It Really Is What You Know: Using Social Media Dashboards Successfully

It Really Is What You Know: Using Social Media Marketing Dashboards Successfully - #infographic

A marketing dashboard or analytics dashboards can be one of the most useful tools that a marketer can use. With all the customizability, however, comes a series of challenges. What sort of metrics do you add to your marketing dashboard? How do you arrange them? What’s the easiest way to read them? Most importantly, how do you ensure that you can access the information that you need?
First of all, picking the right tool is paramount. There are many analytic and marketing dashboards, and the right one is always dependent on what sort of information you need. Here are a few of the most popular and recommended:


Not really an analytics tool, but useful for those that do marketing on Twitter. Most Twitter programs are tailored towards smartphones, but arguably the most useful programs is for desktop computers. Simply put, this helps you keep track of who is tweeting about what and when. Tweetdeck helps form Twitter lists that help you absorb data and help cut down on information overload. Items can be made into lists, sorted by topics, hashtags and even languages. Since the app is made by Twitter themselves, there are no functionality problems.


This is one of the few analytics tools to have a mobile app with it. That means that you can see information updates on the go. Like Google Alerts, it gives on the go alerts as well, but it’s actually quicker.


Buffer is one of those tools that should be considered invaluable for any marketer. Basically, it allows you to cross-promote posts and manage a “content calendar”. Its reporting tools have significantly improved as well.


Similar to Google Analytics, but can display more information. GoSquared lets you view real time information and, showing what trends are up and which are down. It has been reported that this tool is actually a little more responsive than Google Analytics.

21 Must-Have Social Media Marketing Dashboards for Brainy Marketers (like You?) - #infographic

Infographic courtesy of: PostPlanner.

There are many more besides those listed here, and many of the good ones are free. However, some of the high end tools are paid. The best advice is that if a paid tool seems like it would be an improvement, then get the trial version. If you see real value in the paid tool, then consider going ahead and investing in it.

The best tools are ones that work and integrate well with other programs. A good example of this is Tweetdeck and Buffer. This also applies on a larger level, like Hootsuite, which has a staggering amount of integrations. Remember, you’re not making new data, your just using your existing data in a newer, smarter way.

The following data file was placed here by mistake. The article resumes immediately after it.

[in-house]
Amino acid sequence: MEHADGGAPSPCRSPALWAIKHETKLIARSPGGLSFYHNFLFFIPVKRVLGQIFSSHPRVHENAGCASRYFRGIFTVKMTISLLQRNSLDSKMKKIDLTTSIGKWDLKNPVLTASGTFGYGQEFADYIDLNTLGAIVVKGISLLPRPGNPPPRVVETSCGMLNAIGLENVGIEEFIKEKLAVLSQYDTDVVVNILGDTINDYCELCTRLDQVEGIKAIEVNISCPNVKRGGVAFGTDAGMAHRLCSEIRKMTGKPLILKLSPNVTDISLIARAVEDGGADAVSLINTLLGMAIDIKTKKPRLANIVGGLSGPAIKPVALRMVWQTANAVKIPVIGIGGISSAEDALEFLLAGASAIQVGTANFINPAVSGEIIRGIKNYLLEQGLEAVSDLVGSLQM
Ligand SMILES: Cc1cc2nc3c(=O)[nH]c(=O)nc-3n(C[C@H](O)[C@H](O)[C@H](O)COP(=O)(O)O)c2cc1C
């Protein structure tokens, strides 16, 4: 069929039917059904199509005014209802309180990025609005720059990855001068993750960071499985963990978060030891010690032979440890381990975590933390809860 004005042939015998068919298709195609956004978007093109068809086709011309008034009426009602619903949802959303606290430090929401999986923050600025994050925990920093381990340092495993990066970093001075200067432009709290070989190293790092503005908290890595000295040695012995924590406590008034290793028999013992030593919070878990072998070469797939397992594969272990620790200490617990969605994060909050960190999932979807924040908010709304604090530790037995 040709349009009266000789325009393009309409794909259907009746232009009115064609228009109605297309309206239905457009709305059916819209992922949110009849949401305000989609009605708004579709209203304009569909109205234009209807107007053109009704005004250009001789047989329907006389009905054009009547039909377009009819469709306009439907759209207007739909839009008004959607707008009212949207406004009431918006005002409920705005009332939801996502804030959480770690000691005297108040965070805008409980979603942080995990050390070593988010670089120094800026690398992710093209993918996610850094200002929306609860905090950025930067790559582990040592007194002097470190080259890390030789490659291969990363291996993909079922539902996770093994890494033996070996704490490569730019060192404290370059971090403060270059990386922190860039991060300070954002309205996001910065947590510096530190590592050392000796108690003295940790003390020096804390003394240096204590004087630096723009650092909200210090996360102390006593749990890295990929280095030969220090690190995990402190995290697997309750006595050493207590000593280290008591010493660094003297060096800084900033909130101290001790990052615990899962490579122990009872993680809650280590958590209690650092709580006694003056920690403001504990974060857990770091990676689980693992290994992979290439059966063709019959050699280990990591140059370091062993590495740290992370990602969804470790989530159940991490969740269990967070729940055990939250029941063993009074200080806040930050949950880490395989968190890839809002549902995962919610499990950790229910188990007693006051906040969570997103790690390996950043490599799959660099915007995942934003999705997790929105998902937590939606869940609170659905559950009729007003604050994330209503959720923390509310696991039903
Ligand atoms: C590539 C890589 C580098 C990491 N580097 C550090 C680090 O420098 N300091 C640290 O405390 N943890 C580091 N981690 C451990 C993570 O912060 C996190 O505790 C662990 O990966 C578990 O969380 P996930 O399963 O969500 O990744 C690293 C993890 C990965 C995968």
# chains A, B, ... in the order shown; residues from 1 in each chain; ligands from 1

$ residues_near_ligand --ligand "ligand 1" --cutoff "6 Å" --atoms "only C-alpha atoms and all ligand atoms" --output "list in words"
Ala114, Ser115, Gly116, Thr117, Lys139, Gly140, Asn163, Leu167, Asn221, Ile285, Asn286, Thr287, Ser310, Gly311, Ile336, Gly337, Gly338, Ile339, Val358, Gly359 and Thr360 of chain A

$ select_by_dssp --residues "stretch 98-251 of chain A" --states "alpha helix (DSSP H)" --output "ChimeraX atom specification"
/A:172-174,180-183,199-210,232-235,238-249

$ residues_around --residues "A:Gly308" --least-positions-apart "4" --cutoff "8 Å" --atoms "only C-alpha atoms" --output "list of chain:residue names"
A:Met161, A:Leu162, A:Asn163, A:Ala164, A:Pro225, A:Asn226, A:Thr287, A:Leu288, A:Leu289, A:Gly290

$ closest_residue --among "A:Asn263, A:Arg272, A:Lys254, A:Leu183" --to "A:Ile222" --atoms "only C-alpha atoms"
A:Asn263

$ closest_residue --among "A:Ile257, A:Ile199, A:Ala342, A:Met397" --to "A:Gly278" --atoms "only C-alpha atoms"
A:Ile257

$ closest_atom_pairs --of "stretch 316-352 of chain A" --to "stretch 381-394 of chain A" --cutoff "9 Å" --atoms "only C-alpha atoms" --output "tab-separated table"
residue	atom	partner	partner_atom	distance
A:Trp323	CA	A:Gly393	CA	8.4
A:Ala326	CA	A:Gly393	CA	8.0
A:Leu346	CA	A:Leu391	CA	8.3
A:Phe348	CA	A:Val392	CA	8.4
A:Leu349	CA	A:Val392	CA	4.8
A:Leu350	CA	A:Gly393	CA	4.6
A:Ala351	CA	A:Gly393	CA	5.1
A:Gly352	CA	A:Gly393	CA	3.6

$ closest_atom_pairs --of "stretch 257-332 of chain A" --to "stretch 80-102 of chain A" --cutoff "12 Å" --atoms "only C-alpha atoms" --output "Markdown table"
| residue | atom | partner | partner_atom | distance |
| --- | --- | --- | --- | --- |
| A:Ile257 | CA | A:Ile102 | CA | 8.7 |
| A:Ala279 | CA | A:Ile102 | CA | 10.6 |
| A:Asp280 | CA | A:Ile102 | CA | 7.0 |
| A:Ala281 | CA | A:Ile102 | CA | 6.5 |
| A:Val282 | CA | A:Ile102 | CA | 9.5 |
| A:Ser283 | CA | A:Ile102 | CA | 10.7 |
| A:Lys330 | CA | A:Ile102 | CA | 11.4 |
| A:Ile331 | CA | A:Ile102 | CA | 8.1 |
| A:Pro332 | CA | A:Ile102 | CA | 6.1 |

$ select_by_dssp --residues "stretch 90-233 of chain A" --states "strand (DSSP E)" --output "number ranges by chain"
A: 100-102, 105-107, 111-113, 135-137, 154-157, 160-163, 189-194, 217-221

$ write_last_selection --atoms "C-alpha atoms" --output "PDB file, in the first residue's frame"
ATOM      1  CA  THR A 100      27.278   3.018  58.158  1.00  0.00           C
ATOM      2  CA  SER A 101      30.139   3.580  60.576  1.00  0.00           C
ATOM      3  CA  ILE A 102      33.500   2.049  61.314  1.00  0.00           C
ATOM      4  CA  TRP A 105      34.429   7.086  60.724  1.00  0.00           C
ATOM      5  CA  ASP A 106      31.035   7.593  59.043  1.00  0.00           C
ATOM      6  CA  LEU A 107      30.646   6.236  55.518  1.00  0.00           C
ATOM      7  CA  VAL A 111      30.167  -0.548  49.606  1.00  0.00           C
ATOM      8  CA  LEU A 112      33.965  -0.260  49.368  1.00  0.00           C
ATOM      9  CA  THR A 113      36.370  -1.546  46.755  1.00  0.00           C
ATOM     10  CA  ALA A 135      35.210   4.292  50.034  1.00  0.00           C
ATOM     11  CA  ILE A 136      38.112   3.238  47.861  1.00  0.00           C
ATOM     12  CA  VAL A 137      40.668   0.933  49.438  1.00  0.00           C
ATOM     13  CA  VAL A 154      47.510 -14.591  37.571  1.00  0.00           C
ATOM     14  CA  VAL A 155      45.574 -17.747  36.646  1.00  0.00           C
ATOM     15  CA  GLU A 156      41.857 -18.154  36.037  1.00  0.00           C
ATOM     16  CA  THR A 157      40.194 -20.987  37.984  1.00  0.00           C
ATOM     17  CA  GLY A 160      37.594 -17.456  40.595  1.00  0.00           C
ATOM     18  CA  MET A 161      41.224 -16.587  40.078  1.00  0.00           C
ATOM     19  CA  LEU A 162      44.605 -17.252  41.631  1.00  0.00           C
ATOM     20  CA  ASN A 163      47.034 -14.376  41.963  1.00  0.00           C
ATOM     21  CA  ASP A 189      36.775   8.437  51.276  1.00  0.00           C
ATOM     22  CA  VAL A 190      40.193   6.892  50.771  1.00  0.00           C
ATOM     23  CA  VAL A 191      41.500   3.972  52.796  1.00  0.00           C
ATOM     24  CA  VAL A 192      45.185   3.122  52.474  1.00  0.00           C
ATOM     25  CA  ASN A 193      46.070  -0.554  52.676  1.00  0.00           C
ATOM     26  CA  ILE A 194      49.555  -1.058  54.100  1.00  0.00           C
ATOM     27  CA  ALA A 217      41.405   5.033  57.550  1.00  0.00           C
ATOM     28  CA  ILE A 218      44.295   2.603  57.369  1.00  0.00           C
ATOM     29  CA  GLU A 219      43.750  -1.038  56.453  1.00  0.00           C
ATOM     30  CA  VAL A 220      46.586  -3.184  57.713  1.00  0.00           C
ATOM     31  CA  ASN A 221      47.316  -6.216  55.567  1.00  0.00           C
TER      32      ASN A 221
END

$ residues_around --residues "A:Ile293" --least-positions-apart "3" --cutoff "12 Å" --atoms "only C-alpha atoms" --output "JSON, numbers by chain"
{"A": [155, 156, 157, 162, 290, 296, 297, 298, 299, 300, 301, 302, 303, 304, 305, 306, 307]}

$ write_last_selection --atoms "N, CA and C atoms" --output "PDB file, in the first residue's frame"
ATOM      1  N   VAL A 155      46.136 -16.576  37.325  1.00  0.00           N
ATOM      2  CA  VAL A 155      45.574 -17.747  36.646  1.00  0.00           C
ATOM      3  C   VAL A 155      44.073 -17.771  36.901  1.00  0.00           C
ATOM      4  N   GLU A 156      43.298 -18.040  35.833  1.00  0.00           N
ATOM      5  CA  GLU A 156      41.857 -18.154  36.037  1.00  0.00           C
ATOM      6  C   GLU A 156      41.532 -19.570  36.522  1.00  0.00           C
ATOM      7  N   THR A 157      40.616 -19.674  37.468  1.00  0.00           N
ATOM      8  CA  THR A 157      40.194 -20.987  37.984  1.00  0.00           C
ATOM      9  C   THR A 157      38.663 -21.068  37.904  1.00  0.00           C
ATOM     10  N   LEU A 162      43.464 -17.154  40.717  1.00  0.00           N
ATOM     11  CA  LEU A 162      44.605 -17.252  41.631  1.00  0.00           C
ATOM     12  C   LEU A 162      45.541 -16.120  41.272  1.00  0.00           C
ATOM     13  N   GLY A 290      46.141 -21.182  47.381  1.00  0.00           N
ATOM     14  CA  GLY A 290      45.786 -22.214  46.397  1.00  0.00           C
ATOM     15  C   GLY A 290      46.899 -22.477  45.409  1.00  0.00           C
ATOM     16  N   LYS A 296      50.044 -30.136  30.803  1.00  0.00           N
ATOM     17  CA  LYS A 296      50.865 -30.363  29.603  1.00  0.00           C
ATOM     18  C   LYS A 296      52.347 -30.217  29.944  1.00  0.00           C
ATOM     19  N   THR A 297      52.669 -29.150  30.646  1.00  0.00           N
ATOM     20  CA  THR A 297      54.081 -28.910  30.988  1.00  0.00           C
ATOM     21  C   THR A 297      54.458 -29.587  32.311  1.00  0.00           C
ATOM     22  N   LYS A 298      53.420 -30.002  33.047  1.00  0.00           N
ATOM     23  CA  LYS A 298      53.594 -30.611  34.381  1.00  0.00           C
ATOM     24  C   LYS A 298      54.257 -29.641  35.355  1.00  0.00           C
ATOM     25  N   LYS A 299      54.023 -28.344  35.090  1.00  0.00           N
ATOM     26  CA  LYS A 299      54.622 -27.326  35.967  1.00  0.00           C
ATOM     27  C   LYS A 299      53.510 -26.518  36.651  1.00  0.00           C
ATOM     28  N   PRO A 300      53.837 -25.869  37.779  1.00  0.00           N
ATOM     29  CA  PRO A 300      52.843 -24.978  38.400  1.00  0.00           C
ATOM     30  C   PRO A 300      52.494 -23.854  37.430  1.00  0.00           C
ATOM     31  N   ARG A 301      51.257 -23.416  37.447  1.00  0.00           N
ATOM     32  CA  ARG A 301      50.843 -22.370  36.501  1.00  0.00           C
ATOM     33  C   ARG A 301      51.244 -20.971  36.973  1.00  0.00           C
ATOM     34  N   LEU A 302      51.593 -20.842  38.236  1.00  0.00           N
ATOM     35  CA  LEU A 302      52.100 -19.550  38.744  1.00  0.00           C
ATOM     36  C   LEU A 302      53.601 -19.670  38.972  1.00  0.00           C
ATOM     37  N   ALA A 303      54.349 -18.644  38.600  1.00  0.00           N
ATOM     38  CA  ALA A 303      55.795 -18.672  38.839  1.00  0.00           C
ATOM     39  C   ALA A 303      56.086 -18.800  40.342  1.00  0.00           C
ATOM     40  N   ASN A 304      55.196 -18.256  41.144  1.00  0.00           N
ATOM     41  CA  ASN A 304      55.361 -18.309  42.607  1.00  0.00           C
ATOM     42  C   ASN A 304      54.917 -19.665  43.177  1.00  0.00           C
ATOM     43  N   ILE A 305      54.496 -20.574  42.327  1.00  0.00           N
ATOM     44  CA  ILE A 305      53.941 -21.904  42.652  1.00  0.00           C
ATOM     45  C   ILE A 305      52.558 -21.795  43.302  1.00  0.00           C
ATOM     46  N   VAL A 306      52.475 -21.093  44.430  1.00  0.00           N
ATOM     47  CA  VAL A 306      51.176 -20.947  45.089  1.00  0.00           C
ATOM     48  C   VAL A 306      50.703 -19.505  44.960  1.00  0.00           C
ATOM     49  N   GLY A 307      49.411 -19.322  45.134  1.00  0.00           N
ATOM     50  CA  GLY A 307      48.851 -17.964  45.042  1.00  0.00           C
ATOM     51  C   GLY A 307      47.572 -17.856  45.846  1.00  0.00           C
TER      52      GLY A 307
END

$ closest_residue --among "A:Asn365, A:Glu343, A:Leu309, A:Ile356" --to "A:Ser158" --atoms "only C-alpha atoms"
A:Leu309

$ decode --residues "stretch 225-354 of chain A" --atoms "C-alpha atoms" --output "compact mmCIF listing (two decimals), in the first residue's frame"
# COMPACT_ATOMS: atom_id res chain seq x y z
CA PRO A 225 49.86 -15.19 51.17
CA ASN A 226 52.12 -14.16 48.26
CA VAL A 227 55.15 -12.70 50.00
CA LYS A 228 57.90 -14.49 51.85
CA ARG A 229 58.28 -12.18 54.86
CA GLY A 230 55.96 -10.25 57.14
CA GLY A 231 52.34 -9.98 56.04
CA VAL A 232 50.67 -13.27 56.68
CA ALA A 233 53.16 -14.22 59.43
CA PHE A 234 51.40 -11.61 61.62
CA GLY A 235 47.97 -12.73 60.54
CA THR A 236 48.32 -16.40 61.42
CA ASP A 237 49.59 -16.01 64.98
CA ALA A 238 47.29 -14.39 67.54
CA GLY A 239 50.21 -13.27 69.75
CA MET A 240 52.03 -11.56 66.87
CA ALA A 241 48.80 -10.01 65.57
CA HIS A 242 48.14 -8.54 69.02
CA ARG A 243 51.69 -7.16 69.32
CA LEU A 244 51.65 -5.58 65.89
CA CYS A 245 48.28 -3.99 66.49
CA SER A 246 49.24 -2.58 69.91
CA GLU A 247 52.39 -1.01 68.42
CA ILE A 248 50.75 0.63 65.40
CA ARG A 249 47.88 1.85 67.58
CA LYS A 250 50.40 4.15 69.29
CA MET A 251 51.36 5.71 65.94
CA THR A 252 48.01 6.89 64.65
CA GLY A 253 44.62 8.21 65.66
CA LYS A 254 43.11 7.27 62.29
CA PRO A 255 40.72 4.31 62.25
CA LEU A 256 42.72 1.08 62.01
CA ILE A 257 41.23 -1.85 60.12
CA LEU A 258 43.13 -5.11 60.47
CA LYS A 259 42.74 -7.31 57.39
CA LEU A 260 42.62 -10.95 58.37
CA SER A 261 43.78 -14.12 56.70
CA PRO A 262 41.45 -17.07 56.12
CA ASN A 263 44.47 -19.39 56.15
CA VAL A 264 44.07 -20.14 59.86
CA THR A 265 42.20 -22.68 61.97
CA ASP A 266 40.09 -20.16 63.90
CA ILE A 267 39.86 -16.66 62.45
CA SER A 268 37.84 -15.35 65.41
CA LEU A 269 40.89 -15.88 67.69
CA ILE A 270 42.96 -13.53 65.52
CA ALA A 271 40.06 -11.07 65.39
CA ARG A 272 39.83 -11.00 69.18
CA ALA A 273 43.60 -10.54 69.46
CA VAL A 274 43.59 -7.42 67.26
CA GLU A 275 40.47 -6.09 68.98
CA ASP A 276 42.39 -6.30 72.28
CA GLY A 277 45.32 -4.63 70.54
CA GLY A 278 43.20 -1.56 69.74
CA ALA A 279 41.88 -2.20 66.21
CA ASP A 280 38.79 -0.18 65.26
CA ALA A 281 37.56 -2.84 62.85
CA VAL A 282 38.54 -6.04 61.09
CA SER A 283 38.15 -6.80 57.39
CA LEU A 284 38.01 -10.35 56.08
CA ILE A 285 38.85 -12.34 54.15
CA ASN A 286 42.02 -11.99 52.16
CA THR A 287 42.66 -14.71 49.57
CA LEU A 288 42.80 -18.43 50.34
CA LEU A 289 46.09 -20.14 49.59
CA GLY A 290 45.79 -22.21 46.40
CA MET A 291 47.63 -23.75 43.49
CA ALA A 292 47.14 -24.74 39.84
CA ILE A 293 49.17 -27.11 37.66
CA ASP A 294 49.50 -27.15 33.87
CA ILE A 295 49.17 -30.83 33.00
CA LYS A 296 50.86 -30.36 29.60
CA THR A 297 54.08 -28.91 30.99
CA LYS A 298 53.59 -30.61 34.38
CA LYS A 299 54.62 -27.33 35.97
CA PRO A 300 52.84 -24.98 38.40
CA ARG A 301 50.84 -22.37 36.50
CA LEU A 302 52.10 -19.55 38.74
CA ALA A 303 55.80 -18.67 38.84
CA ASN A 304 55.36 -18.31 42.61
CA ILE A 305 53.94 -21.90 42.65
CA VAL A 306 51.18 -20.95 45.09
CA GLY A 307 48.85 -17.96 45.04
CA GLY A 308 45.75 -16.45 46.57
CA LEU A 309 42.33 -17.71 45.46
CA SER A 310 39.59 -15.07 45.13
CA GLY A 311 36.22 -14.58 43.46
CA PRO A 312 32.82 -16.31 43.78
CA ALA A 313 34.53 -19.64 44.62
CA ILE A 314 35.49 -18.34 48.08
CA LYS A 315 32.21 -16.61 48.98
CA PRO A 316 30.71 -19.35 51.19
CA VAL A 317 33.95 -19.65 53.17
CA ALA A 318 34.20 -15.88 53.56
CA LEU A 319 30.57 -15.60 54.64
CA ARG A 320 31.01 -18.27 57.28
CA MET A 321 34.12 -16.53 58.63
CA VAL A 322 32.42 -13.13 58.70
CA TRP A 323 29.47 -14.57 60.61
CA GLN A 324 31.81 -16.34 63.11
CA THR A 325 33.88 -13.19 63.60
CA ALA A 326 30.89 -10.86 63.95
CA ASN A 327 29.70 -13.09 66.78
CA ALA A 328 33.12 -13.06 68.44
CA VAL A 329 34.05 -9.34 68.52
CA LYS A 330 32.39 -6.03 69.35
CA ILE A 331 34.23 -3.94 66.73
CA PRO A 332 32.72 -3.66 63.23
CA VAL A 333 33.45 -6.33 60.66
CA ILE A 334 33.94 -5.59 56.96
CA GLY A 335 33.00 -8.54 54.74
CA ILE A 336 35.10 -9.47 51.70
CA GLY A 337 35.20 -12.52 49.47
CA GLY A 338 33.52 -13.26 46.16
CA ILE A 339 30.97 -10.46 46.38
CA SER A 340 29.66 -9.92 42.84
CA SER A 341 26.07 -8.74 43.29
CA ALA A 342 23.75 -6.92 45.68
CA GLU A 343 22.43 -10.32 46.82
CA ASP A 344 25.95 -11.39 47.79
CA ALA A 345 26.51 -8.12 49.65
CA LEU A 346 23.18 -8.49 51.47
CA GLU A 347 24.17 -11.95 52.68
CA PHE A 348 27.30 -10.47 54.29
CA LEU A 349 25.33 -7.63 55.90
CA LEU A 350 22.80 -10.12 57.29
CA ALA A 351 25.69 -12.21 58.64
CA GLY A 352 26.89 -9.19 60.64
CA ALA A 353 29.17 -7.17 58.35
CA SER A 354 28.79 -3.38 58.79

Now that we’ve seen the sort of tools available, it’s time to take a look at how it can work for you. An analytic tool is useless if it the data makes no sense.

The first thing you ask yourself is what to measure? What you do online should be dictated by what your business goals are ultimately about. For instance, if your goal is to increase profit, you should utilize social media to increase your income. That does not mean you should do this to the exclusion of all else, but it does mean that while you are looking at things like engagement, growth and reach, you should also be thinking about how to utilize these things to maximize profit.

Next, you should take inventory of what social networks your business is on. Whether it’s Facebook, Twitter, YouTube or any of the myriad of others, it’s important you know how each of them works, otherwise you won’t know what you’re looking for.

List all of the measurements that you will need to accomplish your business and social goals. If engagement is your primary aim, for instance, you may wish to have a measurement of likes, clicks, or views available. Remember that a dashboard that’s laid out well will be able to give you, at a glance, a good estimate as to how well you’re doing in achieving your business and social goals.
If graphs are to be used, make sure they make sense for the data being displayed. Time-based measurements are best represented by a line graph, while simple quantities are best represented by bar or pie charts.

Finally, remember that you should arrange your important metrics from left to right, which is the same order that you read words, if you read in English. That way, it will only take split second to gauge the data in front of you.
Previous Post Next Post